Salazar’s misrepresentation of her past is, however, politically significant. Even as of this writing, Salazar’s campaign site bio boasts of her “decade of experience as a local community organizer” who has “spent her life fighting for social justice in her community.” At 27, this “decade” would include all of Salazar’s adult life, including her time at Columbia University.
However, as has now been revealed, Salazar was actually a right-wing activist for much of that time—a peculiar kind of “community organizer.” She co-founded and was the president of Columbia’s chapter of Christians United for Israel (CUFI), a right-wing Christian Zionist student group, and in that capacity appeared on far-right TV host Glenn Beck’s show in 2012 remotely from CUFI’s convention in San Antonio, Texas.
After Beck said that some Columbia professors are “Muslim Brotherhood and communist” and asked how many “anti-Israel professors” there were, Salazar replied that there were “several…in Middle Eastern languages and cultures, and they are using the classroom as their podium to spread lies about the State of Israel, to delegitimize the State of Israel, and to spread propaganda to Columbia students.”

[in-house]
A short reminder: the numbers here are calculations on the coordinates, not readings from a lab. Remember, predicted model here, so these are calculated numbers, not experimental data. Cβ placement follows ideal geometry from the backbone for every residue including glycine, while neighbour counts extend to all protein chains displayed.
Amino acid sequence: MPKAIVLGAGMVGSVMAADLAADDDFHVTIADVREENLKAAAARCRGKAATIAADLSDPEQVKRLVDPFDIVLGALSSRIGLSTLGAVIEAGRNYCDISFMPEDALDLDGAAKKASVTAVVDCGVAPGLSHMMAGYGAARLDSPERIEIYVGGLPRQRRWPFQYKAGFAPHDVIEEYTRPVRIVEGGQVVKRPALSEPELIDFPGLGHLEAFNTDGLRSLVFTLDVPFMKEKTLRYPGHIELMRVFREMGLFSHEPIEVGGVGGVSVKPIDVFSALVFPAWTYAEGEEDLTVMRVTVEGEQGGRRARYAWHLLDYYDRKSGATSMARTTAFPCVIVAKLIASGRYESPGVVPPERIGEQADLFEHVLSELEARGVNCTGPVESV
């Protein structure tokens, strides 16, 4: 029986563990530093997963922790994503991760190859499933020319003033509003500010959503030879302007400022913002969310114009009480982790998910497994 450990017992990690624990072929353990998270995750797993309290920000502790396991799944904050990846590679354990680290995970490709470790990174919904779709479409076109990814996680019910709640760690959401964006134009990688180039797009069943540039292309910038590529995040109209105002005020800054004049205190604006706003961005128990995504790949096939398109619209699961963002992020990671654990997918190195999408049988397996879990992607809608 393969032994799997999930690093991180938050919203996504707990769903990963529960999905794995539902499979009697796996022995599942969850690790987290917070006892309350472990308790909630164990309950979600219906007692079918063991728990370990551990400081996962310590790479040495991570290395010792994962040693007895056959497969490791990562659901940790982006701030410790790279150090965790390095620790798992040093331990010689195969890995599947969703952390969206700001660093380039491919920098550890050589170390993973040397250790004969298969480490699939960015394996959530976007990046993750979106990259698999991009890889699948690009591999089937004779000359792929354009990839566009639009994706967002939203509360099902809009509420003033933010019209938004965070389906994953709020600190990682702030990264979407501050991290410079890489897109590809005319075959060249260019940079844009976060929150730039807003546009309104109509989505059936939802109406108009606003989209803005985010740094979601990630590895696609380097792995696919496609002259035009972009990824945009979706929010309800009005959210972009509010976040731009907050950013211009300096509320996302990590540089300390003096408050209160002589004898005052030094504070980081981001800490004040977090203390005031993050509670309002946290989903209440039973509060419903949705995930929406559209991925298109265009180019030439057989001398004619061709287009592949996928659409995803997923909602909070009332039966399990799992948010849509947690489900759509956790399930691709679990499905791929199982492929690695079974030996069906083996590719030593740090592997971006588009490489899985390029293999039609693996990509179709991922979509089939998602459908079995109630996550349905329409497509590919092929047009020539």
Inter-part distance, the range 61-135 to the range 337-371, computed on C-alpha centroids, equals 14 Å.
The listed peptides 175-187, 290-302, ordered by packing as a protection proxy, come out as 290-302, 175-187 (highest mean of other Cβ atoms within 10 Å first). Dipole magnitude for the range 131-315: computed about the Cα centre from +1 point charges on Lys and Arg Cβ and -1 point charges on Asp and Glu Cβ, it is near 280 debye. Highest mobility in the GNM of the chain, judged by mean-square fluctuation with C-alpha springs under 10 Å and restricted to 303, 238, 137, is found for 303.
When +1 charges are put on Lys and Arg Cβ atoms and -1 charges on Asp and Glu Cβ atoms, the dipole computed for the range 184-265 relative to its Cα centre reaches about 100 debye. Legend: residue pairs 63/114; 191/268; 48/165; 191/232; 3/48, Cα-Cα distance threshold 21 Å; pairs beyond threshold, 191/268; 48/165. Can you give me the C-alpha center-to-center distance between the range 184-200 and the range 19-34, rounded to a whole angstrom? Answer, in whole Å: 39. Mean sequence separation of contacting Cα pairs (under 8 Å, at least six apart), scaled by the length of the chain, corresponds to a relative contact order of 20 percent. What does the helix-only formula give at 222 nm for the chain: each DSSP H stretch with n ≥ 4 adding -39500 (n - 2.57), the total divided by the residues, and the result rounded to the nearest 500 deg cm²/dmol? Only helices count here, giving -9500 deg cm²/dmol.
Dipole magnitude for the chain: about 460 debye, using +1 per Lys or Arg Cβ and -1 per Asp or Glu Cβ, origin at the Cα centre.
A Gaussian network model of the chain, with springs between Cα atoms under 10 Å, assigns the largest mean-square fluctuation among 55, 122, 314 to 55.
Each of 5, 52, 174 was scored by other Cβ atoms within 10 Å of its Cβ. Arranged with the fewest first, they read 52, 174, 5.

At Columbia, she was a prominent anti-abortion activist and president of Columbia Right to Life. She campaigned (successfully) to prevent a required student health insurance fee from being used to fund students’ abortions, a microcosm of the right wing’s nationwide attacks on the right to an abortion by restricting the use of tax dollars to fund the procedure.
Other aspects of Salazar’s past were misrepresented as well. She has repeatedly referred to herself as an immigrant at campaign events and in interviews, although she was born in Florida. She has since claimed that she never obscured this, saying, “I don’t present myself as an immigrant nor as a non-citizen.”